LCWINS

LCWINS Action Plan to Address Institutionalized Racism in 2021 Initiatives

LCWINS is committed to addressing the institutionalized racism that has historically held back Black women, indigenous women and other women of color. Efforts to improve gender diversity in national security leadership will not directly benefit people of color generally, or women of color in particular, without concerted attention. LCWINS takes an intentional approach to including women of color in its staff, volunteer council, committees and leadership.

We reaffirm our support of the Women of Color Advancing Peace and Security’s Standing Together Against Racism and Discrimination Statement and the commitments we made by signing that document. LCWINS has taken on a leadership role within the WCAPS OrgsinSolidarity movement, committing significant time and resources to its important work.  LCWINS also commits to explicitly incorporating specific actions in every organizational initiative to ameliorate or address the effects of racism and the specific concerns and issues faced by women of color in our field.  

In the summer of 2020, LCWINS released its first Action Plan: Action Plan to Address Institutionalized Racism in 2020.  This document guided our work and served as an important means of holding ourselves accountable. LCWINS Action Plan to Address Institutionalized Racism 2021 is the second in the series, ensuring that we continue to pay specific attention to the needs of women of color as we embark on new initiatives to lift up all women in our field.  

We are currently planning four major initiatives that will improve the chances that women will ascend to national security leadership positions in record numbers in the Biden Administration. In the planning and implementation of these initiatives, we will pay particular attention to addressing and including women of color and their concerns. If we see record numbers of women in senior leadership positions next year, but do not see representation that reflects the diversity of the United States, then national security policy will not be at its best and we will have failed.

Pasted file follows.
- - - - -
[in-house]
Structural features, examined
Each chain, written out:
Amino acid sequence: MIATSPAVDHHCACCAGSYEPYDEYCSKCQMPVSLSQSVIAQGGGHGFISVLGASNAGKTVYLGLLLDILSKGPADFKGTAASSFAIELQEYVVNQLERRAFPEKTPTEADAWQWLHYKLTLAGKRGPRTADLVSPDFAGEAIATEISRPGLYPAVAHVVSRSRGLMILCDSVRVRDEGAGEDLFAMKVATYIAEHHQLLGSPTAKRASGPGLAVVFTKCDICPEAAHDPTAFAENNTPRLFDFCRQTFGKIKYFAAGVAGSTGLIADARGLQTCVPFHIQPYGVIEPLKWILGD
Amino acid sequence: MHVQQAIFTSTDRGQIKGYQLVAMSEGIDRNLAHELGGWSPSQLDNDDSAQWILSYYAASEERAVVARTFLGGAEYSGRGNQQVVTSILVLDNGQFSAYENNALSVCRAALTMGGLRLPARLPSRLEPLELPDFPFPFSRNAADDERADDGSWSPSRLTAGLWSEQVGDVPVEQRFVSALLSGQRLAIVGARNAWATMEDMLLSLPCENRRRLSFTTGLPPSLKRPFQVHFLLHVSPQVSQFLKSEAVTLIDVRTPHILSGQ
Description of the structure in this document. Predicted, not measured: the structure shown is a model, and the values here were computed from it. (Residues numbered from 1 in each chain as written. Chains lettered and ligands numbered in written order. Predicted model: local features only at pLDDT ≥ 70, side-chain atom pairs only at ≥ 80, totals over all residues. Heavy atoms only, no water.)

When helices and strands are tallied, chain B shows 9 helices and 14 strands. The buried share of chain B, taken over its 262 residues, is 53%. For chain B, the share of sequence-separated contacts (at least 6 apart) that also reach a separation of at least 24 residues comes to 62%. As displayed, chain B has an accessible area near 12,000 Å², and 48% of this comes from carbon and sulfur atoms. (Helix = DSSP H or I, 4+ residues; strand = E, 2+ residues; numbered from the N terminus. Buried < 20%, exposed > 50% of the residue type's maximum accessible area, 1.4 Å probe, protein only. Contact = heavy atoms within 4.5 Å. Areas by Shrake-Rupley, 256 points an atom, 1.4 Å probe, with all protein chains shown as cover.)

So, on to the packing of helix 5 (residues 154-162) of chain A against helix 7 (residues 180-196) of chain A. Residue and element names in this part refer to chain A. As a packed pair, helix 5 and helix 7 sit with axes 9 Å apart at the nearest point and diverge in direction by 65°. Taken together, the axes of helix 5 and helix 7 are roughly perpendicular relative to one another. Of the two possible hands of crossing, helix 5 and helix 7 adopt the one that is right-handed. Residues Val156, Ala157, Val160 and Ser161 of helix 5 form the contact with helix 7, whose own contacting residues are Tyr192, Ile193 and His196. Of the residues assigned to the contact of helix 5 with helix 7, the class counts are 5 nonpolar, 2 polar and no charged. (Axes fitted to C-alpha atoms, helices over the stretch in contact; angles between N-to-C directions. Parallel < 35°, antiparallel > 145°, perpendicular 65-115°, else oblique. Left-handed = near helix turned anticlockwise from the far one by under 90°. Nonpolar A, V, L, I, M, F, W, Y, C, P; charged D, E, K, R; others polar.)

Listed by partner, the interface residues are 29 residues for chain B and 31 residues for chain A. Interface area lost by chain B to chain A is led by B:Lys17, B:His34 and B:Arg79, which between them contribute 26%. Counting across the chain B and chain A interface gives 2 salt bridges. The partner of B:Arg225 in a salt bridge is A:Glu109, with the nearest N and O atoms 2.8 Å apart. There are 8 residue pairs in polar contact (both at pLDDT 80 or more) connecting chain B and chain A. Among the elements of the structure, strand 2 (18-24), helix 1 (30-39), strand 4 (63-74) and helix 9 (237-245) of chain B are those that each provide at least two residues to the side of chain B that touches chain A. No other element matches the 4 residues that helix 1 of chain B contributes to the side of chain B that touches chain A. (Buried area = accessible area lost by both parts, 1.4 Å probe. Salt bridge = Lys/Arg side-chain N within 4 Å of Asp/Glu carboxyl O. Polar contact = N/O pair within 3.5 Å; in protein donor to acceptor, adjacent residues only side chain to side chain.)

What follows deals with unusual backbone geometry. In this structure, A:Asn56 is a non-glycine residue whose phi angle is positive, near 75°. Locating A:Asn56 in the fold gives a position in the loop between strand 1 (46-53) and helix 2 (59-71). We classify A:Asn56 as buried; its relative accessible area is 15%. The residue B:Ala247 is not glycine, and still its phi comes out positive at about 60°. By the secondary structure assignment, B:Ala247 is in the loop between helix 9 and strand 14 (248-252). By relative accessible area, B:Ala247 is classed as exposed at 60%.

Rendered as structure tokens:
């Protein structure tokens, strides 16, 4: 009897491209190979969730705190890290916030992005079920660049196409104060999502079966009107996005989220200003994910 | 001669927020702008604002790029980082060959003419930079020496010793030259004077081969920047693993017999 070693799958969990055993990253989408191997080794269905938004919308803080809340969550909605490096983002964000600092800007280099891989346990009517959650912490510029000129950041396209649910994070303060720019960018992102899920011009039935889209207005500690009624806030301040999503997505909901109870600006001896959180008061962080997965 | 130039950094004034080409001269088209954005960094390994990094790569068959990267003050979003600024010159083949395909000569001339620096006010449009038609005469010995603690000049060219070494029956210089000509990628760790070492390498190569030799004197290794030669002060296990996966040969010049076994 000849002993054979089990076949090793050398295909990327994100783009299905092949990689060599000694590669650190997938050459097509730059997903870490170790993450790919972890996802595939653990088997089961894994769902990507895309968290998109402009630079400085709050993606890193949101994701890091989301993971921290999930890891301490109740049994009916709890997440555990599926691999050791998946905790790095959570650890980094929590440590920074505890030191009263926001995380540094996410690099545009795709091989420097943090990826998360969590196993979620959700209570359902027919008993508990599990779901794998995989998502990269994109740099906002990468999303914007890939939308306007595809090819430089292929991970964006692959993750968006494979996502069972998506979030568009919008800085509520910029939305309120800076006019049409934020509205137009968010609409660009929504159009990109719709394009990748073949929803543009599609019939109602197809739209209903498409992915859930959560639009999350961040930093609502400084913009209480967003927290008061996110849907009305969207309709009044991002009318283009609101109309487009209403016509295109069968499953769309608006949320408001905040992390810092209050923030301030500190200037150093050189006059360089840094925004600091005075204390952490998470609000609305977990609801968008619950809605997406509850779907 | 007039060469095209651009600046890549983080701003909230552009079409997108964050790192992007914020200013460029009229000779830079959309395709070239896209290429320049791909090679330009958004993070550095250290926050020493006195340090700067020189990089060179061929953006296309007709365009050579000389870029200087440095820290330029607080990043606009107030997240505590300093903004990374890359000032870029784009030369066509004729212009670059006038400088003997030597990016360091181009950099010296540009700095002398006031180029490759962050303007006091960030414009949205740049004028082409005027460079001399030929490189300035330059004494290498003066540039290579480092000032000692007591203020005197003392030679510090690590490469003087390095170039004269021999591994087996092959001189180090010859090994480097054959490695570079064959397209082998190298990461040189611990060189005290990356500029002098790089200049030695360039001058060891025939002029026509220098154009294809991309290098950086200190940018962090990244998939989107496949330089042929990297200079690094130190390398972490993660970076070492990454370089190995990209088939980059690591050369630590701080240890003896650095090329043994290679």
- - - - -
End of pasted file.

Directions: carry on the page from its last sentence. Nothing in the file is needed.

Planned LCWINS Initiatives for 2021:

Database 2.0

Over the summer, LCWINS assembled a database of over 850 women who are well-qualified and ready to serve in senior national security leadership positions.  In November we re-opened the database for one week and brought in an additional 89 women.  Ultimately, our database was 37% (self-identified) women of color, of whom14% identified as Black.  

In 2021, LCWINS will be transitioning its database initiative into an effort to lift up these women and new women in the media, in conferences, and in opportunities to speak, brief and testify. With the affirmative consent of each woman in our current database, we will move her information over to this new initiative. We will also perform additional outreach to further populate the database.

In order to ensure that Black women and other women of color are sufficiently represented in this effort, we commit to the following:

  • We will undertake consistent gap analysis as women come into our Database 2.0 to identify whether we are achieving our goal of including Black women and other women of color in numbers that reflect our nation’s diversity.  As needed, we will undertake additional outreach to address identified gaps.